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Multilingualism – also for children with an auditive or communicative disability

March 28, 2012

Until now most logopedists and therapists believe that children with an auditive or communicative disability such as, deafness, down-syndrome or autism should be brought up in one language. Drs. Mirjam Blumenthal, researcher at the Royal Kentalis, proves the opposite with her presentation!

As an example she showed a video of a seven year old who is deaf due to Meningitis since his first year but who speaks three languages with ease. Even though the boy is an exceptional case it illustrates Mirjam Blumenthal’s theory.

Blumenthal is one of the 40 specialists participating in the Poliglotti4.eu expert seminar. The seminar was being organised by the Mercator Research Centre on Multilingualism and Language Learning, part of the Fryske Akademy on 9 and 10 February in Leeuwarden/Ljouwert within the frame of the European Poliglotti4.eu project. Experts from all over Europe came together in the capital of the bilingual province Fryslân to discuss themes on Early Language Learning. One of the main outcomes is the fact that the earlier one starts with more languages, the better it is, and that yields for everyone.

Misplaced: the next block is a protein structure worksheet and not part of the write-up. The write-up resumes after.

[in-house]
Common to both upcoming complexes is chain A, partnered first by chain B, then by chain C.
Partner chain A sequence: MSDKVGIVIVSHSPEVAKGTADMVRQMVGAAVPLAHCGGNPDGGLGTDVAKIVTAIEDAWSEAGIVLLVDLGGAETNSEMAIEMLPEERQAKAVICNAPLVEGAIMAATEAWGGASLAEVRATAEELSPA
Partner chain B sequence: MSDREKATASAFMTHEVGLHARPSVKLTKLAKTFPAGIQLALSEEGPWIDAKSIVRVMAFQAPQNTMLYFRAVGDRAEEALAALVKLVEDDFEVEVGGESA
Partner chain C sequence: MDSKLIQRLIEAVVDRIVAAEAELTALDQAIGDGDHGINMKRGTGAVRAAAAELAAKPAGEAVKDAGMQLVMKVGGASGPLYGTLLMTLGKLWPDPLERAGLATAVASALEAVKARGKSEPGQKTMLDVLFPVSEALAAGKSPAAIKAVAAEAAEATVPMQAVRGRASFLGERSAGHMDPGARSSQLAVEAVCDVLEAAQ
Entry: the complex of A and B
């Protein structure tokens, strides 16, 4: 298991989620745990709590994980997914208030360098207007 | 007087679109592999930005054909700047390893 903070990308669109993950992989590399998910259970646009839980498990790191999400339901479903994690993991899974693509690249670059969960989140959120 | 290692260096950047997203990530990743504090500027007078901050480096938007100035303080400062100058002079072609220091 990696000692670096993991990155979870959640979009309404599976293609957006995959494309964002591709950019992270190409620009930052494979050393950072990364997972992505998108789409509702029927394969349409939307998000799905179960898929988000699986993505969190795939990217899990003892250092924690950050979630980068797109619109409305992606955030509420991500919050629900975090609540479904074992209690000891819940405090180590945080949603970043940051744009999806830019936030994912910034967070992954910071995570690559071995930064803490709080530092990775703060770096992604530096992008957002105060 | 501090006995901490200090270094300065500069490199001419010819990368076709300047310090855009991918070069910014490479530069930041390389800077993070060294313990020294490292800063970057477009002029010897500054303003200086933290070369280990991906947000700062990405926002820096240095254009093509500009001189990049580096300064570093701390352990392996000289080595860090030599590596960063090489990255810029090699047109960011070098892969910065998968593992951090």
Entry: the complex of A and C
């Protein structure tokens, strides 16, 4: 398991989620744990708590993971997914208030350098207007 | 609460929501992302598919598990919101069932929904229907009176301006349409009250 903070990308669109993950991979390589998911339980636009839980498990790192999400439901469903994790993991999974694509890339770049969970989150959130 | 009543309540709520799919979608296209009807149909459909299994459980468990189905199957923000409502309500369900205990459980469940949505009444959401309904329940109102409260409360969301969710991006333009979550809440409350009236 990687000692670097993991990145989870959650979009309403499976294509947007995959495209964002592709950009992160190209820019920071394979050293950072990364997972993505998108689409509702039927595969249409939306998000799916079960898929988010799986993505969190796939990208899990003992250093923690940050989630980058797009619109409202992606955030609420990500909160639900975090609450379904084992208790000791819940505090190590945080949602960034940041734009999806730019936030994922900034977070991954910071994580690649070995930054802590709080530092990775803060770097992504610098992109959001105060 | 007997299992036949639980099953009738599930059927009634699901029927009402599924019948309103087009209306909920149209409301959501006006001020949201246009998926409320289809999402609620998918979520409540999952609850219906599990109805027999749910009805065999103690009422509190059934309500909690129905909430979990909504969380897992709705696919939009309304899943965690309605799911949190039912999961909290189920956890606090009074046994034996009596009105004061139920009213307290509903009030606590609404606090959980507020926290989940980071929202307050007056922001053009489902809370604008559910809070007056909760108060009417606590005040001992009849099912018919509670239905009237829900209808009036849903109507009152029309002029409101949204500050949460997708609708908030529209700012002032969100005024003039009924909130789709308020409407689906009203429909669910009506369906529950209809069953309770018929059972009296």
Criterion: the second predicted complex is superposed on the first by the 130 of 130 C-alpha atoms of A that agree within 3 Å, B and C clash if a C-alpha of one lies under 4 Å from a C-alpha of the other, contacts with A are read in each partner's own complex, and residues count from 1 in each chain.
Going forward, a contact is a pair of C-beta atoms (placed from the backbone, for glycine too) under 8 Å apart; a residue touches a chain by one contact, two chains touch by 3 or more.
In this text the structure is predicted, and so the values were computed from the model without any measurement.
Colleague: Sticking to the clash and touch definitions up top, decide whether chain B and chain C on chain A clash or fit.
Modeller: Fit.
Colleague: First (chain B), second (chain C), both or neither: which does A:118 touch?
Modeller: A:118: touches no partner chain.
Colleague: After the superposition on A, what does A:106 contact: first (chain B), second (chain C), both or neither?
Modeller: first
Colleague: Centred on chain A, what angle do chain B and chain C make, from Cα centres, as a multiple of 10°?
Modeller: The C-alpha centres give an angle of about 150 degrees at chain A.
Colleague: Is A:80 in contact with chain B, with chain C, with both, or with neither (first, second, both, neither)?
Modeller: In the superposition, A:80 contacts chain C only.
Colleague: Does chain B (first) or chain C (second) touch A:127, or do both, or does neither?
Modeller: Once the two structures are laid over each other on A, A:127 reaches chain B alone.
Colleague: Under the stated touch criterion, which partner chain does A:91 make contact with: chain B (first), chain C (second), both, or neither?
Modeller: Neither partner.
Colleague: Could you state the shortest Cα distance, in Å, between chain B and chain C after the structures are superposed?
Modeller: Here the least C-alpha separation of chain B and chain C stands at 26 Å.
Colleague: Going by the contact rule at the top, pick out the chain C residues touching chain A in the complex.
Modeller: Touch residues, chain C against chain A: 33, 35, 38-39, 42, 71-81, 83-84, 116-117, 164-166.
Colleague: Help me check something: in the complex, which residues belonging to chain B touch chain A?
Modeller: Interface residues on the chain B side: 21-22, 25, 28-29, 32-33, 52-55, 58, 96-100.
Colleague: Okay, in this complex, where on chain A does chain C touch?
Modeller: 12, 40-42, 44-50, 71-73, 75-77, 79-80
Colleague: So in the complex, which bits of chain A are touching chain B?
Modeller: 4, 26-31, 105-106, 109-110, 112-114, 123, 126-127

More information on the seminar can be found on www.mercator-research.eu or www.poliglotti4.eu

Poliglotti4.eu is a project promoting multilingualism in Europe – the result of the deliberations of the EU Civil Society Platform on Multilingualism. The project will result in the creation of an On-line Observatory, reporting on best practice in language policy and language learning. The observatory will provide policymakers, teachers, learners and civil society organisations with a powerful toolkit for benchmarking and enhancing their activities, in non-formal and informal education and learning sectors. The project is co-funded through the European Commission’s Lifelong Learning Programme (LLP).